Have I forgotten that my children are not mine? Have I forgotten, or perhaps never realized, that I'm really just "babysitting" for the God of the universe? Sure babysitting a couple of hours versus many many years is quite different, but when put in the perspective of eternity, it's all a short time. Being a mom to small children is very hard sometimes. It has tested my patience beyond what I ever thought possible and necessitates that many times I have to put my needs and desires on the back-burner for the time being. But in those moments when I do loose my patience (which is quite often), or do choose to do selfish things instead of play with my children, their true Father is watching in on this mommy whom He has entrusted with their care. I am not trying to say that God is up there judging and condemning my every fall. He knows I am weak. He knew that when He gave me these children. I am merely saying that these children aren't mine. That I am only responsible for them for a short while. And hopefully at the end of that time, I am able to give them back to their heavenly Father and say, "Here he is, more perfect than when you first gave him to me, ready to enter into your eternal kingdom."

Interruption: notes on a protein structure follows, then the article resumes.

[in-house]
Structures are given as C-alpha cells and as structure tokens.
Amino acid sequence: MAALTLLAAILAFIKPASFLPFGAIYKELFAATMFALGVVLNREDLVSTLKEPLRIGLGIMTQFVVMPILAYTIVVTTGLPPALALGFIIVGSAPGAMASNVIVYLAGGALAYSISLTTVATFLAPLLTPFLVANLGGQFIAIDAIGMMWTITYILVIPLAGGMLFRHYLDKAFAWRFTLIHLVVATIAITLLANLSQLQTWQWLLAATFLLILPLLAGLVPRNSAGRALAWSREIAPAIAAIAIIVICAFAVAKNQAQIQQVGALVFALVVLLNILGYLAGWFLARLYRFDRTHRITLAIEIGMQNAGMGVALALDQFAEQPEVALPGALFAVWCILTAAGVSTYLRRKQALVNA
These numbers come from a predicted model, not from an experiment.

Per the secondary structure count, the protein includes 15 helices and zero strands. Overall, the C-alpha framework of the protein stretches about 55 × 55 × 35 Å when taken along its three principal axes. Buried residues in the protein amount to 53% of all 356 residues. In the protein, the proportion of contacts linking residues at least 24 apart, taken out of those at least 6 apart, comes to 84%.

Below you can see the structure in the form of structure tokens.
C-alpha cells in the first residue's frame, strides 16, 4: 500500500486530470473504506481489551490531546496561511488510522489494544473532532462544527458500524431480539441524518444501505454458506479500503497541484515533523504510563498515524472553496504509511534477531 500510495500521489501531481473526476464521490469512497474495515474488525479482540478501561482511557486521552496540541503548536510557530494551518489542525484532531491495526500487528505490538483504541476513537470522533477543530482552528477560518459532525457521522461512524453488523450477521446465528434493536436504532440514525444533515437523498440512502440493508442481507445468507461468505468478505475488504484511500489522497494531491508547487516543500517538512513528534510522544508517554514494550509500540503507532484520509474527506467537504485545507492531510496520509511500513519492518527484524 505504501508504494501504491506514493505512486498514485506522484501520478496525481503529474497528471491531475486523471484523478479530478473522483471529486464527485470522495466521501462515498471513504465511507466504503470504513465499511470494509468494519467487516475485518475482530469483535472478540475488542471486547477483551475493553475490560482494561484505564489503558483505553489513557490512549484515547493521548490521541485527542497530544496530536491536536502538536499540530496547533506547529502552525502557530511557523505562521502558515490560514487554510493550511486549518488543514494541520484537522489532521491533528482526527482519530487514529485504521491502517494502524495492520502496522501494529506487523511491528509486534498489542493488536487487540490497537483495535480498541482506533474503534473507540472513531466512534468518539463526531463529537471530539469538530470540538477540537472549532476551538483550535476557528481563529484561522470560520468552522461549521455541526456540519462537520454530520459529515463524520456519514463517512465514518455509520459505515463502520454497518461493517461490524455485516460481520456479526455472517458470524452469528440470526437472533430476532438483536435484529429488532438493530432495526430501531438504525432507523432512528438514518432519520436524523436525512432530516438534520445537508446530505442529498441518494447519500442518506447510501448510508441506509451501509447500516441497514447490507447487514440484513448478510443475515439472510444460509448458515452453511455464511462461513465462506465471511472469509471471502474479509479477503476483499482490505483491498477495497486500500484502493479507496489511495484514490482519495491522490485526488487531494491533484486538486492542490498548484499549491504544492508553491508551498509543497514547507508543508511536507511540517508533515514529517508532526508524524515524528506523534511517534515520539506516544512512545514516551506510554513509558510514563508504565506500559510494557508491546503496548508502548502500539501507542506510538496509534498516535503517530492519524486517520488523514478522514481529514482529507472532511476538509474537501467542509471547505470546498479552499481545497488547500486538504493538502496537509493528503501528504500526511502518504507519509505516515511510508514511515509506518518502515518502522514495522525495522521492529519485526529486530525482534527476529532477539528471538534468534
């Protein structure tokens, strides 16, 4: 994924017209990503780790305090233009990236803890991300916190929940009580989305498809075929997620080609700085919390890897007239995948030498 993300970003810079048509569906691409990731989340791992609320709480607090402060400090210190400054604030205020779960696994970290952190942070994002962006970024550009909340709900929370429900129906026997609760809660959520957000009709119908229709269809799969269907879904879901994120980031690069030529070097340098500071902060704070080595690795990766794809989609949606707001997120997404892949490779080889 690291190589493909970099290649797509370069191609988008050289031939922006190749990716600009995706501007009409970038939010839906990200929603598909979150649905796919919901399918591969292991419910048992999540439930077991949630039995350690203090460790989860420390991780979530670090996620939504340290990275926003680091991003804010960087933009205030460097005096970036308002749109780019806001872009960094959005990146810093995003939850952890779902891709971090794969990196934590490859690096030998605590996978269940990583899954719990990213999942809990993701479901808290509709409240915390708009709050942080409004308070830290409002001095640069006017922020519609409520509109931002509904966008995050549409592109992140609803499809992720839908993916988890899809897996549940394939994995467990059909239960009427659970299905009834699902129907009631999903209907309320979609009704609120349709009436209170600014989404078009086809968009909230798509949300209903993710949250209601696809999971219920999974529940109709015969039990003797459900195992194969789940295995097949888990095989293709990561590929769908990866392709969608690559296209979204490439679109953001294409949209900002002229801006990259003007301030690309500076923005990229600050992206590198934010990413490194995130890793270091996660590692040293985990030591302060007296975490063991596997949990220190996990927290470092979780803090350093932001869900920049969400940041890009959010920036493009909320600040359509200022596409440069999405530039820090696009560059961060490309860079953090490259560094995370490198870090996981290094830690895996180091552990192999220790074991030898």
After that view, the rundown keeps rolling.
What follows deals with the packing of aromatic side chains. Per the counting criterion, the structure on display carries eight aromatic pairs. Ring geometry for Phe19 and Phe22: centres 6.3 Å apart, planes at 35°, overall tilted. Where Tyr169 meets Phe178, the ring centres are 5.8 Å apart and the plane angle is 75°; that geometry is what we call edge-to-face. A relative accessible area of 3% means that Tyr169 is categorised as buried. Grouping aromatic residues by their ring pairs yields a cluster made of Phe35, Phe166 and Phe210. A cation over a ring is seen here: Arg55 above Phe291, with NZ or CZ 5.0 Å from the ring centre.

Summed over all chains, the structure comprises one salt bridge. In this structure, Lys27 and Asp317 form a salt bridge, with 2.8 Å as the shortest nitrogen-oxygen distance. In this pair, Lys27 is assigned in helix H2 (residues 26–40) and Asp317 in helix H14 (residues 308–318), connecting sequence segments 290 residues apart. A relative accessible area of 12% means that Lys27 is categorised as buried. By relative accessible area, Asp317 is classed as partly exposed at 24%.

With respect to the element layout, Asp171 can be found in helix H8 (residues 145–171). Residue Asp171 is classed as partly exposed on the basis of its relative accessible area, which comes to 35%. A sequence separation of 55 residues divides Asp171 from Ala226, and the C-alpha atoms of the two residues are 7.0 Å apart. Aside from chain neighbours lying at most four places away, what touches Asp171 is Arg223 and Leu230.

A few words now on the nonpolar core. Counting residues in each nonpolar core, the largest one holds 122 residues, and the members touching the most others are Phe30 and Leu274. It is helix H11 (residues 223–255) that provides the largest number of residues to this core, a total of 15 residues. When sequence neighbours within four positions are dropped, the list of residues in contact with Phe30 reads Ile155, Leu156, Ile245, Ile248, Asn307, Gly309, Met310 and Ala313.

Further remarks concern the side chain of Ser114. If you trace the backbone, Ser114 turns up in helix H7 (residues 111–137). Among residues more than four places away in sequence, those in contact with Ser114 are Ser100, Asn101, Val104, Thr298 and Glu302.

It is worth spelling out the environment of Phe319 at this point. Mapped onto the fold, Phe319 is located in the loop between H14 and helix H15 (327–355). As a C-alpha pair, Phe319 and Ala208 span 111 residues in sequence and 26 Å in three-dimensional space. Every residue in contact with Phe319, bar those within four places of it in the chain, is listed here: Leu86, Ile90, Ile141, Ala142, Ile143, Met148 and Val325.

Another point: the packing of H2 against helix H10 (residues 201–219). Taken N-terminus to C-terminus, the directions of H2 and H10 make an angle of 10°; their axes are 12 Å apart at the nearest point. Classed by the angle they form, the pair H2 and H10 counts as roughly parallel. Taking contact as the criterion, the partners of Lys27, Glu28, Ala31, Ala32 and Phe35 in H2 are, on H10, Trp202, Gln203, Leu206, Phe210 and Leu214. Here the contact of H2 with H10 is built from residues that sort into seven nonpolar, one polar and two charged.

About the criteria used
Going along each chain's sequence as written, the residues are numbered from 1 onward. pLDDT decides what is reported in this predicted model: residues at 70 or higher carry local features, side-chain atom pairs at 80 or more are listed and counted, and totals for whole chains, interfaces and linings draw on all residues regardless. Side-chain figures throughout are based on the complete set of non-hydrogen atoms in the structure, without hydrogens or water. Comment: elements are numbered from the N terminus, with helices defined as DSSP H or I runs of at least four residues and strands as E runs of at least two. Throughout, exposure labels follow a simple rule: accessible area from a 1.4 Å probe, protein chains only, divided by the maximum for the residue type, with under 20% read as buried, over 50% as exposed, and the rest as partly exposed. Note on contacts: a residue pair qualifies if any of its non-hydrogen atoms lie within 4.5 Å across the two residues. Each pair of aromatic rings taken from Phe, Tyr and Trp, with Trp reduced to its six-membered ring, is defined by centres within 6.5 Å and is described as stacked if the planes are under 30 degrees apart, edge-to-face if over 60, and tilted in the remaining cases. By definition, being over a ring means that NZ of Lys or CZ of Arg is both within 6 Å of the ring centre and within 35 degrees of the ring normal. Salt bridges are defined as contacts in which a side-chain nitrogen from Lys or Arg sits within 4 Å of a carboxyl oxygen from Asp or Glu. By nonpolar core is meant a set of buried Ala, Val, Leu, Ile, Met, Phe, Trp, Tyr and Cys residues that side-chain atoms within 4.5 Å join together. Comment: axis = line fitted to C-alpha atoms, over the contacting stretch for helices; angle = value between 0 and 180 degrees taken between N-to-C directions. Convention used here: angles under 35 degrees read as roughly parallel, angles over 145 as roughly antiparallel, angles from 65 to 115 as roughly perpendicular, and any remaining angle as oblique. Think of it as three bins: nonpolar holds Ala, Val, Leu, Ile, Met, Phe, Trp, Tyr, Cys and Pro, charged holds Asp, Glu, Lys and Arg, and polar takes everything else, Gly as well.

Sunday, June 5, 2011

Why I Suceeded

My mom often gets asked a question, "What did you do with your girls to make them turn out so great?" Her response is always the same, "I have no idea." Last night I think I found the answer to that question.

I'm not trying to brag, but my parents raised some pretty awesome children. My oldest sister is a Phd student studying neurobiology at a University expecting her first child in November, I' know me, and my youngest sister is a nursing student and completely devoted to pro-life work. Beyond wordly success, none of us have left the Catholic Church and we have all been very successful at whatever we have set out to do. I have often asked myself that same question, "Why have we all been successful and not lost our faith in the midst of the world?"